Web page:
Workflows, service buses, sagas…

Last few weeks I spent much time playing with Workflow Foundation. The goal was to evaluate WF programming model for the purpose of our projects. We are currently using home grown workflow manager, it helped us quit database deadlocks (yes, we went through sins of long running transactions), but it’s implementation is pretty naive and considered by everyone as a milestone on our way to the real thing.

This real thing might be a combination of WF and WCF. This is why I spent some time creating simple WF activities consisting of SendActivity and ReceiveActivity that were introduced in WF with .NET 3.5.

I have mixed feelings, I must say. Samples look great, as usual, but once you write all code that you have to write in order to make ends meet, the resulting code base does not look very elegant. The question I was trying to answer was if WF/WCF integration can free service component developers from thinking about workflow integration aspects. What I hoped is that developers could focus on exposing WCF contracts to their service components, and the actual orchestration could use those components as building blocks. While this is not very far from truth – contracts and their implementation don’t need to carry workflow-related information (except callback contracts), there is too much to care about integration details to call the integration smooth. One thing that really drives me nuts is configuration. “Convention over configuration” principle is very hard to implement to make WF and WCF play together. For example, if you want your SendActivity to call a WCF service using programmatically specified address, you have to do the following:

  • In workflow designer define SendActivity’s ChannelToken property and assign it a name, let’s say sendActivity_ChannelToken
  • Expand newly created channel token properties and specify an EndpointName, let’s say sendActivity_EndPoint
  • In code create an instance of Endpoint with the name “sendActivity_EndPoint” and assign it the address it needs
  • Create an instance of ChannelManagerService and pass custom endpoint (or endpoints) to the constructor
  • Obtain a workflow runtime instance and add newly created instance of ChannelManagerService

To make the above process even more challenging, you have to carefully plan last two steps. You can only add ChannelManagerService instance to workflow runtime once, and before the runtime is activated. And you can’t later add more endpoints to it. So there’s very little you can achive dynamically, all workflows, services and interactions between them are supposed to be configured upfront.

If this is not enough, WorkflowServiceHost (context-enabled ServiceHost) creates a new workflow runtime for each workflow that is instantiated by its invocation. How expensive is to multiply workflow runtimes is another question (depends on afforded performance cost), but since each extra service (pesistence service, tracking service etc.) follows workflow runtime and must be added to it early enough, doing this runtime preparation each time you want to start a new workflow that contains ReceiveActivity does not look like a good programming model.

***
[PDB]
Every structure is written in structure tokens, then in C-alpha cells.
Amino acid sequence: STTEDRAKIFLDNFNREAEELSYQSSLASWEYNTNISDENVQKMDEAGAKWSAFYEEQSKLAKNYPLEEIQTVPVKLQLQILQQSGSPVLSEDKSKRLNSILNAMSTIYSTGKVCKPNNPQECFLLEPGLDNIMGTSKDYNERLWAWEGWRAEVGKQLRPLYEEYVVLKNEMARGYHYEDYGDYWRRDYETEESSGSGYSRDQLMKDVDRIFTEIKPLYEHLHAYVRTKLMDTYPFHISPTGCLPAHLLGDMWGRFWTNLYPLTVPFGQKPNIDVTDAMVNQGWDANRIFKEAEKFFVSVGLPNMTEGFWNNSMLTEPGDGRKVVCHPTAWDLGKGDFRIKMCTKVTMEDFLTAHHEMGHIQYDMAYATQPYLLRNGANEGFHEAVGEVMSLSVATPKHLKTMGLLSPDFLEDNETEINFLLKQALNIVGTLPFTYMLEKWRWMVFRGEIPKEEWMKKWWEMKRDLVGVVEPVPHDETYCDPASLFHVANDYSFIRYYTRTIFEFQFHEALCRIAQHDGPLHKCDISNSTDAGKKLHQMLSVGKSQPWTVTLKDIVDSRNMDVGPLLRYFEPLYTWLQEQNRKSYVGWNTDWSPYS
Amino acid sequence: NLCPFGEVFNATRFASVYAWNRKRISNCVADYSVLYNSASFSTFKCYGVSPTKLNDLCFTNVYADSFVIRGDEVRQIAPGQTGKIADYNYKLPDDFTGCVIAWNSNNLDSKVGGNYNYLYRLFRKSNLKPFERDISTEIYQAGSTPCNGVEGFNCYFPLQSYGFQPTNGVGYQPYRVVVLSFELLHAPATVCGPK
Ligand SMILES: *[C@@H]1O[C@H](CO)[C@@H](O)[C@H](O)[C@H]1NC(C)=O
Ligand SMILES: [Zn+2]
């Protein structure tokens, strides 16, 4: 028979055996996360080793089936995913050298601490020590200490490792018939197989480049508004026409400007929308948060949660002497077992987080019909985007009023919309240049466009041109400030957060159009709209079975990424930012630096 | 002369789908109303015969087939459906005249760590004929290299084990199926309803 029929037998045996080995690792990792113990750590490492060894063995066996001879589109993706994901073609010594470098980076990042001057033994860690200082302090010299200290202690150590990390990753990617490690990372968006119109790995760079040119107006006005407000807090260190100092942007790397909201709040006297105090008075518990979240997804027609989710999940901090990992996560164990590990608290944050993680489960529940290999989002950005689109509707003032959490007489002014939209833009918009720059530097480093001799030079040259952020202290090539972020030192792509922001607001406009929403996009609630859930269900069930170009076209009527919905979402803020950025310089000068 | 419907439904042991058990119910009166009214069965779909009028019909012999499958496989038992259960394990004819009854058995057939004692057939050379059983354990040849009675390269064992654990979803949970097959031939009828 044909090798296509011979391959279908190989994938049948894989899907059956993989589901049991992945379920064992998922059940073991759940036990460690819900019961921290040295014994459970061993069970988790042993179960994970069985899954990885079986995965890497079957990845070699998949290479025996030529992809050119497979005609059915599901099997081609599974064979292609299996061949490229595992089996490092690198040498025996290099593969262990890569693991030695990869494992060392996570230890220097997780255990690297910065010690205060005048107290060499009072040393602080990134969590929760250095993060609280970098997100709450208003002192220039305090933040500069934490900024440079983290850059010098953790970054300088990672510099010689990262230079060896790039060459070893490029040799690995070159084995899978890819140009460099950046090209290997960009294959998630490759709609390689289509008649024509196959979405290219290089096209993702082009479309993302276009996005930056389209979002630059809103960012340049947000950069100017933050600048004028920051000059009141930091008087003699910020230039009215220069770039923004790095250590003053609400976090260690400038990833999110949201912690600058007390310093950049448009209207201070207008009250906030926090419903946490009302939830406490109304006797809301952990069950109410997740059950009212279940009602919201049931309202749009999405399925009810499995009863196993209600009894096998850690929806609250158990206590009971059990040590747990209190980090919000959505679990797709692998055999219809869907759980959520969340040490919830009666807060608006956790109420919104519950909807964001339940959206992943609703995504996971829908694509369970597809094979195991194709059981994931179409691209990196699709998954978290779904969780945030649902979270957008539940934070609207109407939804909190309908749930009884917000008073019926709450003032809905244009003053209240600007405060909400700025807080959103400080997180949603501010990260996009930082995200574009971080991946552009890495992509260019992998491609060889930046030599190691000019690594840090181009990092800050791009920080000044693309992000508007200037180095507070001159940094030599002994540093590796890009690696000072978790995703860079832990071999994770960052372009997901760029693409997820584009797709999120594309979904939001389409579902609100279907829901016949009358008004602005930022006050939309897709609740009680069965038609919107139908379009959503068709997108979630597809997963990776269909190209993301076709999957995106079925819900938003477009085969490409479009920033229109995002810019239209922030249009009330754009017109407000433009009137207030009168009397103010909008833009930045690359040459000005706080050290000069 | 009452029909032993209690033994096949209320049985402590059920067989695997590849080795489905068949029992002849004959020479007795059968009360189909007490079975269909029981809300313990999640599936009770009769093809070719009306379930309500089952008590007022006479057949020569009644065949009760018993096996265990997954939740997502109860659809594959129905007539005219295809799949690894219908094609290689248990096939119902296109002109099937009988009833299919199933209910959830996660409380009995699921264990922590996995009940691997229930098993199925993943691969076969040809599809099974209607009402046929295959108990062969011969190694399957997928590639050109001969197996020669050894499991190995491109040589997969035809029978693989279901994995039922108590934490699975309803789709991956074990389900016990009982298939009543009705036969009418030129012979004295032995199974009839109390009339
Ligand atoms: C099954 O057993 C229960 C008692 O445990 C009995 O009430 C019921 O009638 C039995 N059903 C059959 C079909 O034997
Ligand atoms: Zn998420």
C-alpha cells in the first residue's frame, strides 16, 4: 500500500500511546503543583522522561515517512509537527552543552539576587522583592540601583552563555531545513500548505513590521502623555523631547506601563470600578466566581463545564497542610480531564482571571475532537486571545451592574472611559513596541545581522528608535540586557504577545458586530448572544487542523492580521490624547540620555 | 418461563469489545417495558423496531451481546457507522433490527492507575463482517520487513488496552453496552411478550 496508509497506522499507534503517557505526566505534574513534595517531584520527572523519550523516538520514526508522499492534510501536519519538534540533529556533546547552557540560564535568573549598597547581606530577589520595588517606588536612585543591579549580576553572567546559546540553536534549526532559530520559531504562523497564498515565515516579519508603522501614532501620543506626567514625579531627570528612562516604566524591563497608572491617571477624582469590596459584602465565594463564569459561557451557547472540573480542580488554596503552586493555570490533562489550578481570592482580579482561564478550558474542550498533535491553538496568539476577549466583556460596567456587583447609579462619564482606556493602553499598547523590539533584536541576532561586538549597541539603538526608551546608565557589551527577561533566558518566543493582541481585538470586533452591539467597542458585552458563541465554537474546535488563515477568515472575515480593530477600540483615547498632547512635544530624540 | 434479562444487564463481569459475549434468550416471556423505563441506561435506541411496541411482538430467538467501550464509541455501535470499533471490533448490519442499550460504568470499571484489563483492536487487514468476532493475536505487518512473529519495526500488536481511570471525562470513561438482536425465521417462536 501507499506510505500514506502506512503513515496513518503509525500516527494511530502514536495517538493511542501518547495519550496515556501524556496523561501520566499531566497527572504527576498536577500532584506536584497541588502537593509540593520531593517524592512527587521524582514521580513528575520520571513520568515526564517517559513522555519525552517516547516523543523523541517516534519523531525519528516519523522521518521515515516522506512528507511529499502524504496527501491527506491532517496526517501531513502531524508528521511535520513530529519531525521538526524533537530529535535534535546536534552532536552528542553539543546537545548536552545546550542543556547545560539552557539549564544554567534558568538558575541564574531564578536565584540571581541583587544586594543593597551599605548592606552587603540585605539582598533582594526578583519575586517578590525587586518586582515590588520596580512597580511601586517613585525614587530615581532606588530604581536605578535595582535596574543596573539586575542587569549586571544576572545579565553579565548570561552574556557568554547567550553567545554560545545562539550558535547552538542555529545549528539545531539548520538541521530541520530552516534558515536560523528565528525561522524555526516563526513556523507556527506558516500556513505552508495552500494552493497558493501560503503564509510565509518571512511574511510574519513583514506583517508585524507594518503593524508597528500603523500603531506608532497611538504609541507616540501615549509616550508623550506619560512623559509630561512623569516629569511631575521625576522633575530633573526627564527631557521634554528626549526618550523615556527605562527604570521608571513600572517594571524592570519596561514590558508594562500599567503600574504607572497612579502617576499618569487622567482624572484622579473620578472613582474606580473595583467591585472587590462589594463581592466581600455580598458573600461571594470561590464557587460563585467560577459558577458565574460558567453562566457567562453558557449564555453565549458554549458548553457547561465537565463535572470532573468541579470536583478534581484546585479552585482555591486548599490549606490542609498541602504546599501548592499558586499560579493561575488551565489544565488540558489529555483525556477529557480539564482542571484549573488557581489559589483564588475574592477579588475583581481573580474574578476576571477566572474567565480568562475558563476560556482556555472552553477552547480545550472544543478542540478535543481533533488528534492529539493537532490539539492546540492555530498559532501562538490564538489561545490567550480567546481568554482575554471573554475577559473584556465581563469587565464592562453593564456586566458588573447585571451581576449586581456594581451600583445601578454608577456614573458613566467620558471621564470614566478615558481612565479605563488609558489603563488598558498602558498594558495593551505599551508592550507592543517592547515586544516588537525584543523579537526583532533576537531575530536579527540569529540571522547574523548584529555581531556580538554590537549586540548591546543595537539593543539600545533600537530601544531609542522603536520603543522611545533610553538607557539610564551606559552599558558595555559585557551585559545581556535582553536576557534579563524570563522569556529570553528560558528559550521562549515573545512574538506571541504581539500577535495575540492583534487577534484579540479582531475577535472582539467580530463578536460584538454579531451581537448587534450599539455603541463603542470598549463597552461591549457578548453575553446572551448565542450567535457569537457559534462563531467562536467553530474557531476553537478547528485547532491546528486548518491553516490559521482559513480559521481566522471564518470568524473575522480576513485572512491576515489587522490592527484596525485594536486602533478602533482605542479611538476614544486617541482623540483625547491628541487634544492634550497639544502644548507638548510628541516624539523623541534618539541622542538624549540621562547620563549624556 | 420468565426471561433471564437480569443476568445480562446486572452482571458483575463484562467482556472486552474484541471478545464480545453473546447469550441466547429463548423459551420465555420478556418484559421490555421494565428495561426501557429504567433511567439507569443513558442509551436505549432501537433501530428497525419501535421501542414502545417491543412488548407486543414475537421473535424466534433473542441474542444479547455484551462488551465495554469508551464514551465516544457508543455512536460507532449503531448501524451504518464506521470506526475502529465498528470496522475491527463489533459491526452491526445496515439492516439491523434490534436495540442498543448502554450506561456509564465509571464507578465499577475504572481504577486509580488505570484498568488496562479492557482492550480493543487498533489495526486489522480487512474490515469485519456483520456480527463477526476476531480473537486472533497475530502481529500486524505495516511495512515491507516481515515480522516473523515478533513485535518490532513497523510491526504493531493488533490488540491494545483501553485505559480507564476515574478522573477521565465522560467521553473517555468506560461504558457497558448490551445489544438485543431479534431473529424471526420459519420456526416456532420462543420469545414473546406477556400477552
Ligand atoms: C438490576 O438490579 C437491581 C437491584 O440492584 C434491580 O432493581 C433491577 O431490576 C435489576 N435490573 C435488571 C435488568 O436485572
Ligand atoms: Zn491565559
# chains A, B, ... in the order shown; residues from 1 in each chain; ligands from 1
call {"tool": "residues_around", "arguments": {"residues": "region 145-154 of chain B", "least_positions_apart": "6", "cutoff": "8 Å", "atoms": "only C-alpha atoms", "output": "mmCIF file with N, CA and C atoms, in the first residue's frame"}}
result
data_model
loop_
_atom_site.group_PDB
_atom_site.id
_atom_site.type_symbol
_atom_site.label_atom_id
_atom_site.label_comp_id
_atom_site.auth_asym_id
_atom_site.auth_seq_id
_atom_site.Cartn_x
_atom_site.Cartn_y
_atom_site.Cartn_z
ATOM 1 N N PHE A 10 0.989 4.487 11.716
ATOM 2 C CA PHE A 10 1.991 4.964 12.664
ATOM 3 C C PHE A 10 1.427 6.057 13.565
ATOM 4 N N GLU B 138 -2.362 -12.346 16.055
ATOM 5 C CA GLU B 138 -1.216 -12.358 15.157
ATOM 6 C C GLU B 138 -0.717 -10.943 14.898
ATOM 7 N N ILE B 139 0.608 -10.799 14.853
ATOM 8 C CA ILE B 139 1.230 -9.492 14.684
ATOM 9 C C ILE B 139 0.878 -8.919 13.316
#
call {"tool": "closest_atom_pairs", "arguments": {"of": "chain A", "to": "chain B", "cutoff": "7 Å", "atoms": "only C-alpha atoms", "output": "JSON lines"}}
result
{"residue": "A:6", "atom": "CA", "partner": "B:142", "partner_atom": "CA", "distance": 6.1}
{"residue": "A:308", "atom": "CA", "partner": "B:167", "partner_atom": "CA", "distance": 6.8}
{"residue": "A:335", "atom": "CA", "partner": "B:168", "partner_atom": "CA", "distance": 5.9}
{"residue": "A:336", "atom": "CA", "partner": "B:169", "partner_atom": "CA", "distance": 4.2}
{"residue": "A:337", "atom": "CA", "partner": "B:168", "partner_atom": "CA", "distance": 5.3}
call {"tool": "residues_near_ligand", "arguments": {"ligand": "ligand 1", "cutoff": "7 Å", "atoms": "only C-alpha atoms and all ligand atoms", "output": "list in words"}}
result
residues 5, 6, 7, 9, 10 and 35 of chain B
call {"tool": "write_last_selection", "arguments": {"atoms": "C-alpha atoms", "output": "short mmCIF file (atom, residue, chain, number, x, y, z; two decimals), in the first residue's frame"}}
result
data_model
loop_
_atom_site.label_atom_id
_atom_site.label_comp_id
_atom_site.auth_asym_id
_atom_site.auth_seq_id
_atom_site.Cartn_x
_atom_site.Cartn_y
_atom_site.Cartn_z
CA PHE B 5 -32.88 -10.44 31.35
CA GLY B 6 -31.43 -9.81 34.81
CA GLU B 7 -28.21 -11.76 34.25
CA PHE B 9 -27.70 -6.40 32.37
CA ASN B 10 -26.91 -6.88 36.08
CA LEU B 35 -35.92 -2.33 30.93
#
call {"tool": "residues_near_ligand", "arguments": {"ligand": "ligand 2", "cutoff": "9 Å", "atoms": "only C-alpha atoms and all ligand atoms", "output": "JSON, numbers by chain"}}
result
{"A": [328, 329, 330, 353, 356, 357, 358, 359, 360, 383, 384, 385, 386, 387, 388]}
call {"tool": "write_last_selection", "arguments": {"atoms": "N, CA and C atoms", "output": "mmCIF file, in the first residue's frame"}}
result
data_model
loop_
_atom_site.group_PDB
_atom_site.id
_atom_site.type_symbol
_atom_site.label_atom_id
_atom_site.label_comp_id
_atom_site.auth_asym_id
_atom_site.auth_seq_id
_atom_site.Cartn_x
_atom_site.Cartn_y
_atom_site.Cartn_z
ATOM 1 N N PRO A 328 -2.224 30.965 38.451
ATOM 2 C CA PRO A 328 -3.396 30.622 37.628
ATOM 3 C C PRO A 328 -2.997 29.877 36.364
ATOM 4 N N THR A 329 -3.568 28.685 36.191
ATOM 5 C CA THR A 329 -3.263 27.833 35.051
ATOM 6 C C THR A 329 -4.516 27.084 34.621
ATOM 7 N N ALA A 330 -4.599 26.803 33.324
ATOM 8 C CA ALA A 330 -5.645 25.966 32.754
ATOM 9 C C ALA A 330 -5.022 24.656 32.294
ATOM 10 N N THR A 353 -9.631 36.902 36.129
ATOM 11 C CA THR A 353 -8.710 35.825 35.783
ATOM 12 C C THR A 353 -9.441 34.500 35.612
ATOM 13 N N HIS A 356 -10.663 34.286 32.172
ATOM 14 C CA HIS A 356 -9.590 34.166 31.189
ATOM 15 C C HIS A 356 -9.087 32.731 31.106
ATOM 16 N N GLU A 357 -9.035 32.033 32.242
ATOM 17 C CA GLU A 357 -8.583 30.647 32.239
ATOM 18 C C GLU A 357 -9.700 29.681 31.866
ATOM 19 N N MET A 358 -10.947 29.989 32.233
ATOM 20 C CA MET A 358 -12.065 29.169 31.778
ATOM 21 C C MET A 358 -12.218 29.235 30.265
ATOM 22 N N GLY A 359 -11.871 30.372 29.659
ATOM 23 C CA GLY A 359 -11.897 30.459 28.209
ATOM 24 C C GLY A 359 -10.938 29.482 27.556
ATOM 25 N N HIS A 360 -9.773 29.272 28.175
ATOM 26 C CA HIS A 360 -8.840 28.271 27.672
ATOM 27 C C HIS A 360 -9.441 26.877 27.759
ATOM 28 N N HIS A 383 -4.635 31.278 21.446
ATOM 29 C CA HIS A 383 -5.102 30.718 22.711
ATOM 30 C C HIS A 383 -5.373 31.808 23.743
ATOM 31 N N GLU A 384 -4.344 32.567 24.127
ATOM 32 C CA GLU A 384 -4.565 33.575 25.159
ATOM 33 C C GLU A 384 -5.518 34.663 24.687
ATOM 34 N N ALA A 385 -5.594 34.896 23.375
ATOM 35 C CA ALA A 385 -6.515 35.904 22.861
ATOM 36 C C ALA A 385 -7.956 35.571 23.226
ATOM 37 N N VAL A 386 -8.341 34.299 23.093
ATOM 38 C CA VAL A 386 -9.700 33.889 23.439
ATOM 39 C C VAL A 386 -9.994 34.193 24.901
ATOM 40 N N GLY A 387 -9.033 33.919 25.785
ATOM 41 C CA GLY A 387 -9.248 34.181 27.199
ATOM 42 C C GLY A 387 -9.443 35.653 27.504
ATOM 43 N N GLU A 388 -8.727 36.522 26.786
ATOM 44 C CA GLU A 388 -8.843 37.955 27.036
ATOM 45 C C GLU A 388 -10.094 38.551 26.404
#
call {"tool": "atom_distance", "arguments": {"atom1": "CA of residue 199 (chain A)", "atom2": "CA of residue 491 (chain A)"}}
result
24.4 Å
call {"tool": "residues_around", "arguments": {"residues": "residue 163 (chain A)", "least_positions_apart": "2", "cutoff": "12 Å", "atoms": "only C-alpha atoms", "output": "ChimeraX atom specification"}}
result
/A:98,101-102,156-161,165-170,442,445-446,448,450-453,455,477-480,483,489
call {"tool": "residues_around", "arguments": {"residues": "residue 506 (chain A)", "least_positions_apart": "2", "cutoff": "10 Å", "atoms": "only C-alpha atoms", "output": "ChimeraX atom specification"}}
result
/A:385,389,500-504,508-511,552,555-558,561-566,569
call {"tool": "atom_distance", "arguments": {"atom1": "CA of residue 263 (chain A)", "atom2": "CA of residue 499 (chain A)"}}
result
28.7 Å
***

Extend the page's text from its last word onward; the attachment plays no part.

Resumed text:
If you want to establish WCF communication between two workflows, you need to save workflow instance Ids and assign them to the channel context in BeforeSend event:

private void sendActivity_BeforeSend(object sender, SendActivityEventArgs e)
    Dictionary context = new Dictionary();
    context.Add("instanceId", workflowInstanceId.ToString());
    e.SendActivity.Context = context;

This is not many lines of extra code, but when you have a powerful workflow designer, you could expect it to take care of such plumbing.

I look forward to test how WF 4 is going to solve these issues. Apparently smoother integration with WCF was one of the reasons for rewriting it from the ground up. If however I need to choose an enterprise orchestration framework in July 2009, I can as well check out some other options. One interesting alternative is NServiceBus. It will of course require full review and redesign of communication layer between service components, but we are doing it anyway, so it won’t necessarily cost more than adopt the system to use Workflow Foundation. Udi Dahan (a man behind NServiceBus) refers in his blog to Saga concept – a model to handle long-running transaction that was first described in 1987 in the article by Garcia Molina and Kenneth Salem. Since workflow with long-running transactions is our speciality, I continued search for information about Saga and found another project called Massive Transit that does exactly that. I looked at code examples and I think they are charming. Look for example at this one. Yes, both NServiceBus and MassTransit are not workflow frameworks, they are service bus implementations. So you can’t just prefer NServiceBus to WF or vice versa, you have to decide first what type of enterprise framework you need. But when all you have is a system built on the pillars of RPC-style communication, your hands are free and both directions seem to be open. Perhaps if I was already working with .NET 4, I would find WF model convincing for the features we need. But WF/WCF integration in .NET 3.5 is painful enough to be more open minded.


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